Therefore, business deals with a Chinese focus may propel China into the forefront of Asian satellite activity. “One of the positive outcomes of the economic crisis was that it imposed discipline on financial practices,” adds Michael Williams. In fact, financial discipline within the country has already started to leave its economic mark. According to the Asian Development Bank, China’s real GDP growth rate for 2000 decreased to 6.5 percent compared to its 1998-percentage rate of 7.92.

      But one area where China continues to struggle is within its launcher industry. The U.S. export licensing regime significantly sliced China Great Wall Industry Corp.’s global market share. According to industry analysts, not only must common ground be met in regard to the export control issue for China to achieve a minimum of four flights per year, they also will have to overcome the impact of project risk.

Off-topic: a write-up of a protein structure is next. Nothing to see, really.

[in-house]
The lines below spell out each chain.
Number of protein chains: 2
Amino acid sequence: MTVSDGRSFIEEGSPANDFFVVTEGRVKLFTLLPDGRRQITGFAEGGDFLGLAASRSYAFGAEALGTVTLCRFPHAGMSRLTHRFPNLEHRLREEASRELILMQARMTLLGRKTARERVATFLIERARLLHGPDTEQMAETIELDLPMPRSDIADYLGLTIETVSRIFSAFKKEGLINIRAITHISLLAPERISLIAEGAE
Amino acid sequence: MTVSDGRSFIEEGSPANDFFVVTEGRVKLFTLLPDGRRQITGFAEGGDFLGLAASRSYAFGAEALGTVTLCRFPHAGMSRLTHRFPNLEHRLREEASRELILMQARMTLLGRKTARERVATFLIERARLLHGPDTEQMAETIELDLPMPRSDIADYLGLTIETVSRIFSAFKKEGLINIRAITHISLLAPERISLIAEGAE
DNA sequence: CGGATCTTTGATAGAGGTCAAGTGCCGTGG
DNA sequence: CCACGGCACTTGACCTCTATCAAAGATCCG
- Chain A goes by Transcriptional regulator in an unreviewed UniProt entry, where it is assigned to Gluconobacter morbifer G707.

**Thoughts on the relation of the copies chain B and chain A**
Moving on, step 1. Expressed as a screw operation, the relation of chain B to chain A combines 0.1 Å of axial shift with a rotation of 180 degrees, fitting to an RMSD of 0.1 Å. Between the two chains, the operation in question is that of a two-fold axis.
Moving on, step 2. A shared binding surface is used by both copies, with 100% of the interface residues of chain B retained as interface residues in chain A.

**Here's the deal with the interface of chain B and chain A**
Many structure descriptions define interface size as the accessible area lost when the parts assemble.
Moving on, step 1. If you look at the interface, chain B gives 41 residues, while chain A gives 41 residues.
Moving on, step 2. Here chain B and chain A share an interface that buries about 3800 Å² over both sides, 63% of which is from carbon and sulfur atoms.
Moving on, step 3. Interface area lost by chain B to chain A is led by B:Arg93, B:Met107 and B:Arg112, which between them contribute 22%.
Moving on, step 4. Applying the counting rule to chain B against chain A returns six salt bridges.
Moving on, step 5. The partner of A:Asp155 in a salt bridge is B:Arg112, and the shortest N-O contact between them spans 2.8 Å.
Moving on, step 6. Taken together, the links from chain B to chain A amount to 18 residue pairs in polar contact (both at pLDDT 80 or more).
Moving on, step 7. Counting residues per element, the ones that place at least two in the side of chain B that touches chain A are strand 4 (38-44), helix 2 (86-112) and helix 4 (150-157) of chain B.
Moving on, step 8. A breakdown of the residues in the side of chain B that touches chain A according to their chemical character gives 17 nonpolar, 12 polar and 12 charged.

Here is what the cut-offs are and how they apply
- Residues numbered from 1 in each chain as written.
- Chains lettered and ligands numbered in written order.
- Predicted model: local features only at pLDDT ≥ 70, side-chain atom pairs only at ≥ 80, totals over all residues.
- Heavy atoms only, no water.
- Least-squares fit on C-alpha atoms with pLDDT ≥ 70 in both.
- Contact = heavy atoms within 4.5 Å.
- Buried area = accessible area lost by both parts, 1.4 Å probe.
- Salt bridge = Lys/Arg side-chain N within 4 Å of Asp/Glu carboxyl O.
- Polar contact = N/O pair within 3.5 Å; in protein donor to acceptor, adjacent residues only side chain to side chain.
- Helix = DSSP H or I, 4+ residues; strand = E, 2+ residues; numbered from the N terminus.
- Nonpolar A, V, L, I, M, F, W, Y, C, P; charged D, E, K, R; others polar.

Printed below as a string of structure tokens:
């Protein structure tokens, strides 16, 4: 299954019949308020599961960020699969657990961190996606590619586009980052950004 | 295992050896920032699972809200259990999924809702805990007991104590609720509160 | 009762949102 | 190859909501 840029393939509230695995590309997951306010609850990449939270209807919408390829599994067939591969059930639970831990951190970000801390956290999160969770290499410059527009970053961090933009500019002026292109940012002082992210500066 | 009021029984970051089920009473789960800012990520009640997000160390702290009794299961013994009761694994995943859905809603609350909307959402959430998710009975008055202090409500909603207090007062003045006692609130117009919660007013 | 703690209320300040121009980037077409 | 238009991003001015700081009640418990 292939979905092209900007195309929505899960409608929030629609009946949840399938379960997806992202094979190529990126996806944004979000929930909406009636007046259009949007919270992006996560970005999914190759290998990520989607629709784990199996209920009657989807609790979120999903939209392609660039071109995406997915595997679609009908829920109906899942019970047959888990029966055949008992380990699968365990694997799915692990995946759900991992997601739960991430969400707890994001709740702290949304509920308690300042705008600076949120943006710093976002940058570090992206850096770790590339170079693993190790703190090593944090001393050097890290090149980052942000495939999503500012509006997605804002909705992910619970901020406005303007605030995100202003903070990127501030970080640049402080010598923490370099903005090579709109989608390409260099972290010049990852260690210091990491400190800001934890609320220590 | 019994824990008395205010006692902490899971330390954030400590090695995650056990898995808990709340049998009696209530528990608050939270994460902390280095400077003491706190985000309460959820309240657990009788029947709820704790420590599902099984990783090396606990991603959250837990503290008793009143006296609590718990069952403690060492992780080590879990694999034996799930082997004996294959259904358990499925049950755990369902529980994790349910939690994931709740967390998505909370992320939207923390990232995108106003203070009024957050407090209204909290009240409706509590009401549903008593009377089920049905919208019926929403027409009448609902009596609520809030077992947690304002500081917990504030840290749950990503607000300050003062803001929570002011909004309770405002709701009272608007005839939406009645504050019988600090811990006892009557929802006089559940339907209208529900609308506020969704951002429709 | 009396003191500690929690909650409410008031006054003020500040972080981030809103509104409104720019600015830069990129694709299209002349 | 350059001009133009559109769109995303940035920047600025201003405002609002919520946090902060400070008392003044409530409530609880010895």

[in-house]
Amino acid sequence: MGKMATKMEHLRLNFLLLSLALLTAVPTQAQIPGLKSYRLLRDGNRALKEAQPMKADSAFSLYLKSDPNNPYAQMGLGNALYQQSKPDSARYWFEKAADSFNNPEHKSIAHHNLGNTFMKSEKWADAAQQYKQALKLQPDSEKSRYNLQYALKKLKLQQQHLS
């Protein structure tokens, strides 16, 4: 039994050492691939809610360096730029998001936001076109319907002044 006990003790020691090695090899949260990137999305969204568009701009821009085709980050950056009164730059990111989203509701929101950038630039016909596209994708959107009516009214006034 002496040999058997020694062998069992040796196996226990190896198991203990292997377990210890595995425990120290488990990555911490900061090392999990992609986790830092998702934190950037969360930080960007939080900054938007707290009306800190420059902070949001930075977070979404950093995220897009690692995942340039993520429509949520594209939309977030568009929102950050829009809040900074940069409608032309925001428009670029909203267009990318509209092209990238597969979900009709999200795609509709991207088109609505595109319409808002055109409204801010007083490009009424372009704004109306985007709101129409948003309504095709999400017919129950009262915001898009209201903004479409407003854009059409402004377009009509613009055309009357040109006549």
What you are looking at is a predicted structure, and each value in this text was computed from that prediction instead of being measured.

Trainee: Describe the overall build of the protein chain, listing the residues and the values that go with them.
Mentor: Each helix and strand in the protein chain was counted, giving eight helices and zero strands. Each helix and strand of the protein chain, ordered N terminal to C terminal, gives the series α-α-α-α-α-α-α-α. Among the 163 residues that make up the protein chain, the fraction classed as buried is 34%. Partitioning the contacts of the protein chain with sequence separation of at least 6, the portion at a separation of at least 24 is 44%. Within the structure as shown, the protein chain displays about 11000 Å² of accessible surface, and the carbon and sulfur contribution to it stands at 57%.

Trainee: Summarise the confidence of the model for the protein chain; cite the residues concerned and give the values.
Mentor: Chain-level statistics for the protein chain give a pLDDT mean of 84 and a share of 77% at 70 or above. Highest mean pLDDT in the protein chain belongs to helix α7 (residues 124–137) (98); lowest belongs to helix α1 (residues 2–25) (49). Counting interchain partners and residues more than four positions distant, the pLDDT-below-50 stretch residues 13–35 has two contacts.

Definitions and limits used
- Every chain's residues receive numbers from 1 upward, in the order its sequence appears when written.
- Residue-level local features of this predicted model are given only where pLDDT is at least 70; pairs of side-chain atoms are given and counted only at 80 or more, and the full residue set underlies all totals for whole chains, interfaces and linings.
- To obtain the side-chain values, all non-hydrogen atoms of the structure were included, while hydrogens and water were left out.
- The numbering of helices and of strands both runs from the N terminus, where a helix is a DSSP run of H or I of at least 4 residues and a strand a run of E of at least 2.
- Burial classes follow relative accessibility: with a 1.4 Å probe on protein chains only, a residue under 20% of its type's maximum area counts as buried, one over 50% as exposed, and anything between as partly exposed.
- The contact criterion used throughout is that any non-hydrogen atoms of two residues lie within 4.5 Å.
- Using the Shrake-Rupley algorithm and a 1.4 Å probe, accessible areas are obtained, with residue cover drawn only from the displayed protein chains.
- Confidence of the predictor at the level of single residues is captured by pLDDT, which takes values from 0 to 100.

“Even though the U.S. State Department would resume processing export license applications involving launches on the Long March 3B, there remains the potential for schedule interruption and consequent financial loss from any deterioration in political relationships which will be perceived by customers as project risk,” says Bruce Middleton, consultant with Asia Pacific Aerospace Consultants Pty Ltd. Middleton also adds that production capacity of China’s Long March 2C could be as high as 10 per year, but a more realistic estimate might be eight per year given the time required to process each commercial mission.